Something very rare happened in the U.S. Congress this week: Republicans and Democrats agreed to support tough action on North Korea after a series of provocations by Pyongyang.
The House of Representatives passed broad new sanctions Friday against North Korea by a vote of 408 to 2. The Senate passed the sanctions bill earlier this week by a vote of 96-0, meaning that the measure now goes to President Barack Obama’s desk for signing.
The legislation directly targets money launderers, human rights abusers, weapons and luxury goods traders, and anyone involved with the nuclear weapons program or anyone who carries out cyber-attacks. It also would impose secondary sanctions against any outlets that support and finance North Korea’s aggression.
In addition, the bill would authorize $10 million annually for five years to expand North Korean citizens’ access to media and to provide humanitarian aid to refugees.
The legislation passed through both chambers of Congress at lightning speed, less than one week after North Korea launched a long-range rocket. A number of lawmakers expressed concern that the international community is not moving fast enough to counter Pyongyang’s dangerous nuclear program, which has the potential to threaten the United States and its allies.
White House officials indicate the president isn't likely to veto the bill due to its overwhelming Congressional support.
House Foreign Affairs Committee Chairman Ed Royce sponsored the bill. The California Republican said its broad bipartisan support shows that many lawmakers are frustrated with the Obama administration’s policy of “strategic patience” with North Korea and are demanding a new approach.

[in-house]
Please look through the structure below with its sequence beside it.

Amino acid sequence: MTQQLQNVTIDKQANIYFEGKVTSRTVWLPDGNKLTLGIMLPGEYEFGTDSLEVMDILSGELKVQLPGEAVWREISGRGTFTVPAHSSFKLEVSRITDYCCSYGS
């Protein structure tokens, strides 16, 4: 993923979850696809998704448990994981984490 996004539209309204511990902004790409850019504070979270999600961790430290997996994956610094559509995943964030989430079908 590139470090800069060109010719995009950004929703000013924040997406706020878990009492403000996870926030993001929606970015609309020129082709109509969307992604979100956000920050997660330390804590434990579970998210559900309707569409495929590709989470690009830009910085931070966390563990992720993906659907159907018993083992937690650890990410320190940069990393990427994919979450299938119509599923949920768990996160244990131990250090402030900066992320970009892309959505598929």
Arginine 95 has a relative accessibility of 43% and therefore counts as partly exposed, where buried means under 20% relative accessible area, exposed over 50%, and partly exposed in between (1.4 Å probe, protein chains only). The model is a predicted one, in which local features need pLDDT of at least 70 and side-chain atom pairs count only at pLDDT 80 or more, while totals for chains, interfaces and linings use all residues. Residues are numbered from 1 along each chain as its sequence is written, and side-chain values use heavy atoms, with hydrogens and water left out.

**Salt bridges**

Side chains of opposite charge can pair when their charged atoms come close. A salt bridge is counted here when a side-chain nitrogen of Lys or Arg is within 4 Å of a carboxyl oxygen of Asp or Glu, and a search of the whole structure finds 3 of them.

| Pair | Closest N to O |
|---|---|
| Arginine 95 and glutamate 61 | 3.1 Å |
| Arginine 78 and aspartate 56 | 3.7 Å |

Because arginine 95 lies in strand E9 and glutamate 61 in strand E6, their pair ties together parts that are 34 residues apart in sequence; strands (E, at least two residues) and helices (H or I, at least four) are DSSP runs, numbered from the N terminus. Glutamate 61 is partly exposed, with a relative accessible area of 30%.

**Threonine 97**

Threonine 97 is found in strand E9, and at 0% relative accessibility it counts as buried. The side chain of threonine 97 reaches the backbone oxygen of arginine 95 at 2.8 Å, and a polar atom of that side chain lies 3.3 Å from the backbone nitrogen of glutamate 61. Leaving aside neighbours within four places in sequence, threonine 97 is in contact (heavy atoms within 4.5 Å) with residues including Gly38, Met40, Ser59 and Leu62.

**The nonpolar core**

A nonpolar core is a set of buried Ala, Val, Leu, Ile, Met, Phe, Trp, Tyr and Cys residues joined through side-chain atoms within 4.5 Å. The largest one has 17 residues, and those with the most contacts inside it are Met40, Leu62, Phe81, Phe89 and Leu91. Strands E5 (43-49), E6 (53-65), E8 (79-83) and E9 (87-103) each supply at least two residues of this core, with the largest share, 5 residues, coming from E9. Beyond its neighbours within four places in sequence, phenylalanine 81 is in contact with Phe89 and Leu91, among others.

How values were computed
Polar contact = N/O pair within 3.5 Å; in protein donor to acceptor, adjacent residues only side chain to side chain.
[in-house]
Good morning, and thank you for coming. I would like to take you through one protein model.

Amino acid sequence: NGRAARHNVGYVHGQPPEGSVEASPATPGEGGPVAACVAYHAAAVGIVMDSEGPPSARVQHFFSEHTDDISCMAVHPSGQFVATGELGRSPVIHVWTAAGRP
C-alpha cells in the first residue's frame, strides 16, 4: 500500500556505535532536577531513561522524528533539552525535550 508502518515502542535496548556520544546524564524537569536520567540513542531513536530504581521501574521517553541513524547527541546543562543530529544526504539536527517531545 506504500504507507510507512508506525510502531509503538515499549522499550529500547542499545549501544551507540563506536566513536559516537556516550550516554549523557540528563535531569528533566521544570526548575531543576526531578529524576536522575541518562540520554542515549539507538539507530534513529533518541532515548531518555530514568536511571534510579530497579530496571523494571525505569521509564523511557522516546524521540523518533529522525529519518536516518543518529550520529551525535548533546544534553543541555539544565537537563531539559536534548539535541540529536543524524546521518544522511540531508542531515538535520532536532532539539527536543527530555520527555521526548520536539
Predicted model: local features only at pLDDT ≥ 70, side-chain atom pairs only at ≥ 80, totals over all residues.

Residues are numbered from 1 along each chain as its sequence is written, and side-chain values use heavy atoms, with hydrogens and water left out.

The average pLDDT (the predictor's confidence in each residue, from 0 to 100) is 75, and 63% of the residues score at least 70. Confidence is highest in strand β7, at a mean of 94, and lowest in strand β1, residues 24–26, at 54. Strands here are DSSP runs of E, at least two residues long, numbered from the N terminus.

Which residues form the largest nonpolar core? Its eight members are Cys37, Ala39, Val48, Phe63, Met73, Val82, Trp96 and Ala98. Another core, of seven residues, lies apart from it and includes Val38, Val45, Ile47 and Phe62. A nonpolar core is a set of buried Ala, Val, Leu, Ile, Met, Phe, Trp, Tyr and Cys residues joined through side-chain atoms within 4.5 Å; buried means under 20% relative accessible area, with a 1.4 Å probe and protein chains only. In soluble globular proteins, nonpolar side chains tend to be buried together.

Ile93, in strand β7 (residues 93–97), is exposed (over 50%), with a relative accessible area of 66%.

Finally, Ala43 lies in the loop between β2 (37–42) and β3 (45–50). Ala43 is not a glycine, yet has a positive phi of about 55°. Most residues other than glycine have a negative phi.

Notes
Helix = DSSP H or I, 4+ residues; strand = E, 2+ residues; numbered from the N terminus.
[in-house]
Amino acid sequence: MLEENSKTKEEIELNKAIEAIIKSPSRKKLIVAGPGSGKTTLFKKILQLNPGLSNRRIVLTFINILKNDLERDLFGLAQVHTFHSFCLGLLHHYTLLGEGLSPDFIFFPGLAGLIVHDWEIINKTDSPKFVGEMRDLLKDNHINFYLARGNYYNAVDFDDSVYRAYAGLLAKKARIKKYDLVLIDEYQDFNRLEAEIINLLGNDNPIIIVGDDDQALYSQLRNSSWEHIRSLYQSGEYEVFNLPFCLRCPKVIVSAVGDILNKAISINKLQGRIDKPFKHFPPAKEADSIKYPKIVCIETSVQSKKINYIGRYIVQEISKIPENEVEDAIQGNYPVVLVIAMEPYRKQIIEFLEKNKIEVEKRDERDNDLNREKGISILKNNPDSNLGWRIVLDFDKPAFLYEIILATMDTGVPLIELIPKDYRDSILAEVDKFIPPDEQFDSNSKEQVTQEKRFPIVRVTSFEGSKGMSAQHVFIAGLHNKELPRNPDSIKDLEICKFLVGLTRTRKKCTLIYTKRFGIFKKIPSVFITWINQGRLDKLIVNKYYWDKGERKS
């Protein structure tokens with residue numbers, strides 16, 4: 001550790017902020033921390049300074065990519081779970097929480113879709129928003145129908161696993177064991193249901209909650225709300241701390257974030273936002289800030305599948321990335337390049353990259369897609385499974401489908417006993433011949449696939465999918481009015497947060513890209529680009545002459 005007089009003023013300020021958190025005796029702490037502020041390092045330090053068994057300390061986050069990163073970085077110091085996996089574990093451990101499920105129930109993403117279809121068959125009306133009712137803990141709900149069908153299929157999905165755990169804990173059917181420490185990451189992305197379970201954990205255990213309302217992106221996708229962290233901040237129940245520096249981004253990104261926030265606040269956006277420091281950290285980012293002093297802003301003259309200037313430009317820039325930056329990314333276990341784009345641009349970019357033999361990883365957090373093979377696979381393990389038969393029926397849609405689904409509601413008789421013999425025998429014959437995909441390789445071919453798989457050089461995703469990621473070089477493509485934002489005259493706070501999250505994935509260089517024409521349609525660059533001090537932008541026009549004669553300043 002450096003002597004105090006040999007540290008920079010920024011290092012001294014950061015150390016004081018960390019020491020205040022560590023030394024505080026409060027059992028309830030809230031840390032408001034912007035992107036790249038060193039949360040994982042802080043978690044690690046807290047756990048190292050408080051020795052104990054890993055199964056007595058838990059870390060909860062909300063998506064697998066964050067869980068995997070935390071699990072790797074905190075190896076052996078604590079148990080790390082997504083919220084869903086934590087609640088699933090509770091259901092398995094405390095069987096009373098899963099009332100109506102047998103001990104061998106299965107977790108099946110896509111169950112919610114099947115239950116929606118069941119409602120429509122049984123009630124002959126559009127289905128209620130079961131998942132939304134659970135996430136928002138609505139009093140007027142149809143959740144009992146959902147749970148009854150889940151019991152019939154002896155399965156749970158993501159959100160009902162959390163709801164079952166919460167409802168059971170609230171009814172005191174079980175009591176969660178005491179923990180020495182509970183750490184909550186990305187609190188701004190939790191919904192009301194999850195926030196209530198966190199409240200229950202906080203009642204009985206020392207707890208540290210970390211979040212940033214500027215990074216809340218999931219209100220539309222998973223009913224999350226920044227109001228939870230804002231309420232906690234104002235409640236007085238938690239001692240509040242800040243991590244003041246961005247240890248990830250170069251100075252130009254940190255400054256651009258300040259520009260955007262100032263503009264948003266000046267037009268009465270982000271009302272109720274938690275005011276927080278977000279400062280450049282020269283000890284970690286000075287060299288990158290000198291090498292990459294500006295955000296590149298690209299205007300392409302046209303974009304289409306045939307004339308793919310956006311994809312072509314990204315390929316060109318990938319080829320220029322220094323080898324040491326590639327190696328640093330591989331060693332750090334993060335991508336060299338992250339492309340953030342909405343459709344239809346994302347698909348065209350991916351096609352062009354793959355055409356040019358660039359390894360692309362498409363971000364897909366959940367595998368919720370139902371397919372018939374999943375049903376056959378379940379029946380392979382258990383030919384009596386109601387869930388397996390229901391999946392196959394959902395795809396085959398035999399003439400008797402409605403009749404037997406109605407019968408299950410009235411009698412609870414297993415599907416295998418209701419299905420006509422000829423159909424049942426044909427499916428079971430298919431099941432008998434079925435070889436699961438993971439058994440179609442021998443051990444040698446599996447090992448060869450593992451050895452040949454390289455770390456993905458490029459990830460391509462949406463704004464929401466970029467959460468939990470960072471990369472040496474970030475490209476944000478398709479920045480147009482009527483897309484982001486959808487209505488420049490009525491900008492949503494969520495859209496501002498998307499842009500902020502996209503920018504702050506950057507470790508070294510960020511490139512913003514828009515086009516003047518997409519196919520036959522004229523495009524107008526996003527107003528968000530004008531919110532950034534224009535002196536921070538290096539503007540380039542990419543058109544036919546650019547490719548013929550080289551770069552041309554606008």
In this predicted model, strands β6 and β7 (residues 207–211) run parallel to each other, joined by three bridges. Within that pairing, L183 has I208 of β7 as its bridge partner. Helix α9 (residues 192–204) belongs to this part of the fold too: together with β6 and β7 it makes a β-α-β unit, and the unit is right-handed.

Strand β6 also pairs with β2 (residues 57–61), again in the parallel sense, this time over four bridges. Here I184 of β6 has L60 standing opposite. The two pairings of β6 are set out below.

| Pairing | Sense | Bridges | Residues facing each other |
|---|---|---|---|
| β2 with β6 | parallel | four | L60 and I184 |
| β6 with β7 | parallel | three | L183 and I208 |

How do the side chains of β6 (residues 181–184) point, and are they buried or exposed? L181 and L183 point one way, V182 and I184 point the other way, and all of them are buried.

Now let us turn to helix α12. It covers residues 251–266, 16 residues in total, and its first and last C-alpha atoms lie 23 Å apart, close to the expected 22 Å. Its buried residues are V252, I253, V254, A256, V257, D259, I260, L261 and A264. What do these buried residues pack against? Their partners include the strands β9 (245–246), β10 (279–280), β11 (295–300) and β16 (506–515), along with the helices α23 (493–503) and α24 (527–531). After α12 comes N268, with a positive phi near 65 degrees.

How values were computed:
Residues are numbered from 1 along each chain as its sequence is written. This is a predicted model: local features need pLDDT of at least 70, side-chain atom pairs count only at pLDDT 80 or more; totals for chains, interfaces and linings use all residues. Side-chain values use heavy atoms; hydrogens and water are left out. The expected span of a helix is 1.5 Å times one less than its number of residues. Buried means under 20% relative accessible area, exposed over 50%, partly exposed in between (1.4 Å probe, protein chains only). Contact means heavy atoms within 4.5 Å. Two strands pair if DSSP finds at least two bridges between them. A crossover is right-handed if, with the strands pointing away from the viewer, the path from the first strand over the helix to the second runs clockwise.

Royce said the tough legislation is meant to deal such a punishing blow that North Korean leader Kim Jong Un is forced to make a choice between returning to the negotiating table and ending his country’s nuclear program or having funds for his regime cut off.
Some analysts draw parallels to the tough U.S. sanctions imposed on Iran, which many credit with forcing Tehran to the negotiating table and paving the way for the nuclear deal.
Experts, however, are divided over the question of how much impact the sanctions will have on such an extremely closed, isolated country with an underdeveloped economy.
'Human rights house of horrors'
Ranking Democratic member Eliot Engel said several different U.S. administrations, both Republican and Democratic, had tried in vain to curb North Korea’s nuclear ambitions. He said no one should blame any one president.
Engel also made clear that the United States is not angry with the people of North Korea, but with its corrupt leaders.
"I've been to North Korea twice, and it’s just sickening that the regime and its friends profit from these crimes while the rest of the country is literally starving," said Engel. "On that point, this bill includes important exceptions for the humanitarian aid that benefits the North Korean people."
Royce highlighted the human rights provisions in the legislation. “Equally important to the strong sanctions in this bill are its critical human rights provisions," he said. "North Korea operates a brutal system of gulags that hold as many as 120,000 men, women, and children.
"If a North Korean is suspected of any kind of dissenting opinion from the Kim regime, his entire family — for three generations — is punished," Royce added. "North Korea is a human rights house of horrors.”